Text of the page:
Is there an alternative? Actually there is, as Intel presented on September 8th not only desktop processors in this design, but also Xeon 3400. However, the cheapest processor in this series (Xeon X3430) is not a very interesting product -- it supports VT-d, but it does not support Hyper-Threading. Top Xeon X3460 and X3470 processors do not interest us either, as they are more expensive than Core i7 860 and 870. But the X3440 and X3450 may be a very interesting choice -- they support the same technologies as Core i7 800, but the former costs only $215, the latter -- $240. It's apparently better to add $20 for Hyper-Threading than $90.

Do these processors have shortcomings? Yes, they do. For one, clock rate: 2.53 GHz and 2.66 GHz correspondingly. For two, UnCore multiplier equals 16, which gives us 2.13 GHz (like in Core i5 750) instead of 2.4 GHz (Core i7 860/870). For three, maximum memory multiplier is 10 instead of 12: just like in Core i5 750. And the boost mode works as 4-4-1-1. Finally, QPI bus provides only 4.27 GT/s. However, frequency can be increased by overclocking, and lower multipliers of UnCore and QPI will be an advantage in this case, facilitating the process. If you overclock this processor, it makes sense to disable Turbo Boost, and memory just does not need multiplier 12 -- with the reference clock rate of 200 MHz even 10 is sufficient for DDR3-2000, and DDR3-1600 (which a more probable choice for a thrifty user) needs only 8.

However, Xeon has a certain advantage -- it supports registered as well as usual non-buffered memory. The former is slower by 5%, and it's more expensive. Different options are available though -- for example, non-buffered DDR3-1333 memory modules (4GB) are three times as expensive as some registered memory modules. In return, you can install up to 32GB of registered memory (versus 16GB of non-buffered memory). For two, such memory is supported even as three memory modules per channel -- good news for those people, who bought (or going to buy) P55-based motherboards with six slots (like Gigabyte P55-UD6). Considering the present prices, 24GB of memory in this case will be less expensive (almost by one and a half) than non-buffered memory for LGA1366. It's pennies from heaven for some users. Just make sure your motherboard does recognize registered memory -- the controller is integrated into a processor, of course, but we have seen compatibility problems many times.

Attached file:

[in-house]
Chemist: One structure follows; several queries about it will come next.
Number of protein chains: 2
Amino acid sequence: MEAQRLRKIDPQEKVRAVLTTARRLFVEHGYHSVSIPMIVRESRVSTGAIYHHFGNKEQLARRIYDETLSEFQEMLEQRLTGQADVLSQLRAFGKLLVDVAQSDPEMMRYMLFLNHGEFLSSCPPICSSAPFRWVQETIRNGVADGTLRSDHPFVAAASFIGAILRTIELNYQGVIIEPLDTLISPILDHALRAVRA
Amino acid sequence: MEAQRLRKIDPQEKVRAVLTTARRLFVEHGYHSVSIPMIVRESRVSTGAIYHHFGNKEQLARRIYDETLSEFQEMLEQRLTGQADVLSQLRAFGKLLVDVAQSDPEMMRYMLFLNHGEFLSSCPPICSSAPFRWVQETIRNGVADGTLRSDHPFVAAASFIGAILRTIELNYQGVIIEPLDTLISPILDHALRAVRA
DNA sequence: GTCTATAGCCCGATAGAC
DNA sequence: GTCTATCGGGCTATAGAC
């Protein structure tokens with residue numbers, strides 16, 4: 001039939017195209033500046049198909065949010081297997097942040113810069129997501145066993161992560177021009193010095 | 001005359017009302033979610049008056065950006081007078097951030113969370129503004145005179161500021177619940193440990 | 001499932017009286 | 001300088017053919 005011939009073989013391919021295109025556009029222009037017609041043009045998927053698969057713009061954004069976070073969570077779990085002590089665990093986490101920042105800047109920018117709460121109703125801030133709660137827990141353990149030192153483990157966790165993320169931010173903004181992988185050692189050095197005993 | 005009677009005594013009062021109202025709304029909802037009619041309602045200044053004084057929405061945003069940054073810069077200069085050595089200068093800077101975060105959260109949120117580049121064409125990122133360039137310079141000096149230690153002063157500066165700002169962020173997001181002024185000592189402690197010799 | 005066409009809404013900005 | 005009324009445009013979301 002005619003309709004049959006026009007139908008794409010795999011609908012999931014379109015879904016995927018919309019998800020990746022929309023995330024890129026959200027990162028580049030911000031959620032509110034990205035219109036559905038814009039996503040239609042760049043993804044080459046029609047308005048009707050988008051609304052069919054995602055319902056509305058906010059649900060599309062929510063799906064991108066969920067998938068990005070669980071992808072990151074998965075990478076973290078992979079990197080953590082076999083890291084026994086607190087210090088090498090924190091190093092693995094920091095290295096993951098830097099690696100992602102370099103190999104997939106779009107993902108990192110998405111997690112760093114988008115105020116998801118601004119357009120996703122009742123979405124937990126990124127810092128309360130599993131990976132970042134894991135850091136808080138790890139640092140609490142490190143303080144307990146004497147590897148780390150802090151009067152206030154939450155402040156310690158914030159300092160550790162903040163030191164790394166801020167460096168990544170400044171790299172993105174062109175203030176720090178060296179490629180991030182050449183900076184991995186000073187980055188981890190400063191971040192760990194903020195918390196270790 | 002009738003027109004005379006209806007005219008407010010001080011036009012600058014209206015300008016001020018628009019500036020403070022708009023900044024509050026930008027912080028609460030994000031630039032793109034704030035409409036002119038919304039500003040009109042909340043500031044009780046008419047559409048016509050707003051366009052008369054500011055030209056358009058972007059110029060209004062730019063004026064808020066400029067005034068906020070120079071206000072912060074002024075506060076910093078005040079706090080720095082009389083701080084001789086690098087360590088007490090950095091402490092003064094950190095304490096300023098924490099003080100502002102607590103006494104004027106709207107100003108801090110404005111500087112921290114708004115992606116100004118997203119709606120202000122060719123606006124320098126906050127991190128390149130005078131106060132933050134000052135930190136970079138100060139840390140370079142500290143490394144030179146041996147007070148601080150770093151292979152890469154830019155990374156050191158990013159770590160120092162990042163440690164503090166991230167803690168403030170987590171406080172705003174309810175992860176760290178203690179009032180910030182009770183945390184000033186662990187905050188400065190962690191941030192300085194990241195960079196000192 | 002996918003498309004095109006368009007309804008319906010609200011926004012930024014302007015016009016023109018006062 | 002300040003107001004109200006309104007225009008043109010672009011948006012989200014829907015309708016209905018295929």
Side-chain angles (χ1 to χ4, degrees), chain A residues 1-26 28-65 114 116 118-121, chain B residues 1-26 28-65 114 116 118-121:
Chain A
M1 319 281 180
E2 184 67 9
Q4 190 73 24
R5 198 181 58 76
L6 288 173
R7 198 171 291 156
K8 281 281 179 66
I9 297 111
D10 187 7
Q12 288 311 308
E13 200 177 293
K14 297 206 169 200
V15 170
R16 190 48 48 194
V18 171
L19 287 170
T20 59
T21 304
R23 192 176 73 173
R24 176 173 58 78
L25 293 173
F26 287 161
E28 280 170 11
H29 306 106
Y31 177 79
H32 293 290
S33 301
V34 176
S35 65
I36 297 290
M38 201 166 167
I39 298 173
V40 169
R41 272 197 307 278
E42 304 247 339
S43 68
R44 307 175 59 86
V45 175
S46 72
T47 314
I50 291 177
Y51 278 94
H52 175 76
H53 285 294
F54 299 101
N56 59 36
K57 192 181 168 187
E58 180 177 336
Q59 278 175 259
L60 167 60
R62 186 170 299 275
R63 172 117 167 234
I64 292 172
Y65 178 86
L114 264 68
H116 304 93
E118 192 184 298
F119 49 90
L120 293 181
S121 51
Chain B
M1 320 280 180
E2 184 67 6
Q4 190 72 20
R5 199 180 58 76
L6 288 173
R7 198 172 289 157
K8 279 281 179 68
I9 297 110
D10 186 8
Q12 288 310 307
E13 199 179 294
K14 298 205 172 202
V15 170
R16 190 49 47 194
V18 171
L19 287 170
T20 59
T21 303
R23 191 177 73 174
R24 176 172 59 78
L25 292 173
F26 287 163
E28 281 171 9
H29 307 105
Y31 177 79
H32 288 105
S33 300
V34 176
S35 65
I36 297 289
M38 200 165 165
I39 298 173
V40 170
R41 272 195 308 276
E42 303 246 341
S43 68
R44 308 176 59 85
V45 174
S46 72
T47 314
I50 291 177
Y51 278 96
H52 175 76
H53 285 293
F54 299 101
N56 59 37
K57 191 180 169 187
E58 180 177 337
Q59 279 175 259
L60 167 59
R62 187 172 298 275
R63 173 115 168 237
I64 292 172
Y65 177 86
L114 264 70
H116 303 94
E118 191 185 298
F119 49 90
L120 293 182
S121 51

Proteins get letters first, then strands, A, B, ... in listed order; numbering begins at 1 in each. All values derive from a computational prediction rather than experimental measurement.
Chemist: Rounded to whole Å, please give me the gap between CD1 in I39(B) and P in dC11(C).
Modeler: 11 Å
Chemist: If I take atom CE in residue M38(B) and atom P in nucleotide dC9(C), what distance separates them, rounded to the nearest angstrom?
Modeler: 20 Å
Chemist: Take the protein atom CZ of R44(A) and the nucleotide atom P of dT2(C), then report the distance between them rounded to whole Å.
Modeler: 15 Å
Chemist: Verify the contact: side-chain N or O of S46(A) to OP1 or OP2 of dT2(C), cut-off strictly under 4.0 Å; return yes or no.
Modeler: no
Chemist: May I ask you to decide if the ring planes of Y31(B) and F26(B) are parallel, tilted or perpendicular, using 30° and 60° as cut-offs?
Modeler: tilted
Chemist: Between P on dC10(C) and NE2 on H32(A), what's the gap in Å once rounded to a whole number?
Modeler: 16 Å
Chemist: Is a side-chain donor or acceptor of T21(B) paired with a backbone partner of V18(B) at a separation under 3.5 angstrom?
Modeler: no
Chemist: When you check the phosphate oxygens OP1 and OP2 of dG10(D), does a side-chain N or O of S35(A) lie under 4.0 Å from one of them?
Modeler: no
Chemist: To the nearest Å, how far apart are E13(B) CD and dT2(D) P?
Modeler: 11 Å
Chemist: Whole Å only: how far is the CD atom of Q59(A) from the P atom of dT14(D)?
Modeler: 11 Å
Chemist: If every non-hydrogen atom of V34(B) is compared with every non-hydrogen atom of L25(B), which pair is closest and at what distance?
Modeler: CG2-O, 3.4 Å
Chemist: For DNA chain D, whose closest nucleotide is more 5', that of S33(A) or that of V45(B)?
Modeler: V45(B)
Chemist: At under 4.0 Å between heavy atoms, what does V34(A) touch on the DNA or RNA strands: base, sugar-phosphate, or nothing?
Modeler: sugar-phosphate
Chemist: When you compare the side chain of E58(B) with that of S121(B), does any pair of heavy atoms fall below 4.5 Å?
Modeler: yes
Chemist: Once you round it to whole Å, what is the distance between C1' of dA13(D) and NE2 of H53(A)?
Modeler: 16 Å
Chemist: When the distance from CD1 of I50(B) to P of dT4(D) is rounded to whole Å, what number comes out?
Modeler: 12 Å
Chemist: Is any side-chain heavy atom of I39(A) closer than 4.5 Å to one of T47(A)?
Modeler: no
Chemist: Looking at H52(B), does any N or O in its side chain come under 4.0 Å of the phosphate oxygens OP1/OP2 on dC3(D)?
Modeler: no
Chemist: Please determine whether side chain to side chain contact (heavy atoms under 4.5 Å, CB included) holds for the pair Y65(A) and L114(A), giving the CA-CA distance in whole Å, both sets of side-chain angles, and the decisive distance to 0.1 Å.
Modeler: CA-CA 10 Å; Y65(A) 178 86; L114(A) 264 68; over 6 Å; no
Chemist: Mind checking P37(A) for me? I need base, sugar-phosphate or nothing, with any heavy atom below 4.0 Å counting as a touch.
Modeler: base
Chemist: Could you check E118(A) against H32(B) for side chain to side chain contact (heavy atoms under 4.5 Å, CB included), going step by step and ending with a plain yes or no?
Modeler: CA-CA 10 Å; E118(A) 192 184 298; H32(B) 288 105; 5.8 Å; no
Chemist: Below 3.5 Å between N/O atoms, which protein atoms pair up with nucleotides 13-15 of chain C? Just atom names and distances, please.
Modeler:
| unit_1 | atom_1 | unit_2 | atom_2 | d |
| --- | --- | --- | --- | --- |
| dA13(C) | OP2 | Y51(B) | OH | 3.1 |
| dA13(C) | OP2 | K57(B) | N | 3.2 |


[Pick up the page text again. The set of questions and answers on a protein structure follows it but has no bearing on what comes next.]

Testbed configurations

Theoretical similarities and differences are an interesting topic, but we are more interested in performance, and this needs testing. For this very purpose we got a Xeon X3450 from Intel. This processor will be compared with three competitors manufactured at the same plants:

Processor Xeon X3450 Core i5 750 Core i7 860 Core i7 920
Core name Lynnfield Lynnfield Lynnfield Bloomfield
Process technology, nm 45 45 45 45
Core clock (std/max), GHz 2.66/3.2 2.66/3.2 2.8/3.47 2.66/2.8
Initial multiplier 20 20 21 20
Turbo Boost 4-4-1-1 4-4-1-1 5-4-1-1 2-2-1-1
Number of cores/threads 4/8 4/4 4/8 4/8
L1 cache, I/D, KB 32/32 32/32 32/32 32/32
L2 Cache, KB 4 x 256 4 x 256 4 x 256 4 x 256
L3 cache, KB 8192 8192 8192 8192
UnCore frequency 2.13 2.13 2.4 2.13
Memory 2 x DDR3-1333 2 x DDR3-1333 2 x DDR3-1333 3 x DDR3-1066
QPI 4.27 GT/s 4.8 GT/s 4.8 GT/s 4.8 GT/s
Socket LGA1156 LGA1156 LGA1156 LGA1366
TDP, W 95 95 95 130

This is not a random selection. In fact, in terms of X3450 performance it's Core i5 750 + Hyper-Threading, so direct comparison of these contenders suggests itself. Core i7 860 is the next step: another 44 dollars (that is it's more expensive than our Xeon by as much as the Xeon is more expensive than the i5 750), but we get higher clocked cores and UnCore. And Core i7 920 is interesting as a lower representative of the LGA1366 series, many of its characteristics resemble those of the X3450.

  Motherboard Memory
Xeon X3450 Intel DP55WG (P55) Kingston KVR1333D3N9K3/6G (2 x 1333; 9-9-9-24)
Core i5 750, i7 860 Gigabyte P55-UD6 (P55) Kingston KVR1333D3N9K3/6G (2 x 1333; 9-9-9-24)
Core i7 920 Intel DX58SO (X58) Kingston KVR1333D3N9K3/6G (2 x 1066; 8-8-8-19)

To be as objective as possible, we used the same memory kit on all platforms, having given up the idea of three channels on LGA1366 (especially as we already found out, that it's useless in terms of higher performance). Memory frequencies are different, because Intel DX58SO does not allow to use Core i7 920 with DDR3-1333, limiting the processor to the official DDR3-1066. And it makes no sense to artificially spoil the life of LGA1156 processors (which officially support DDR3-1333).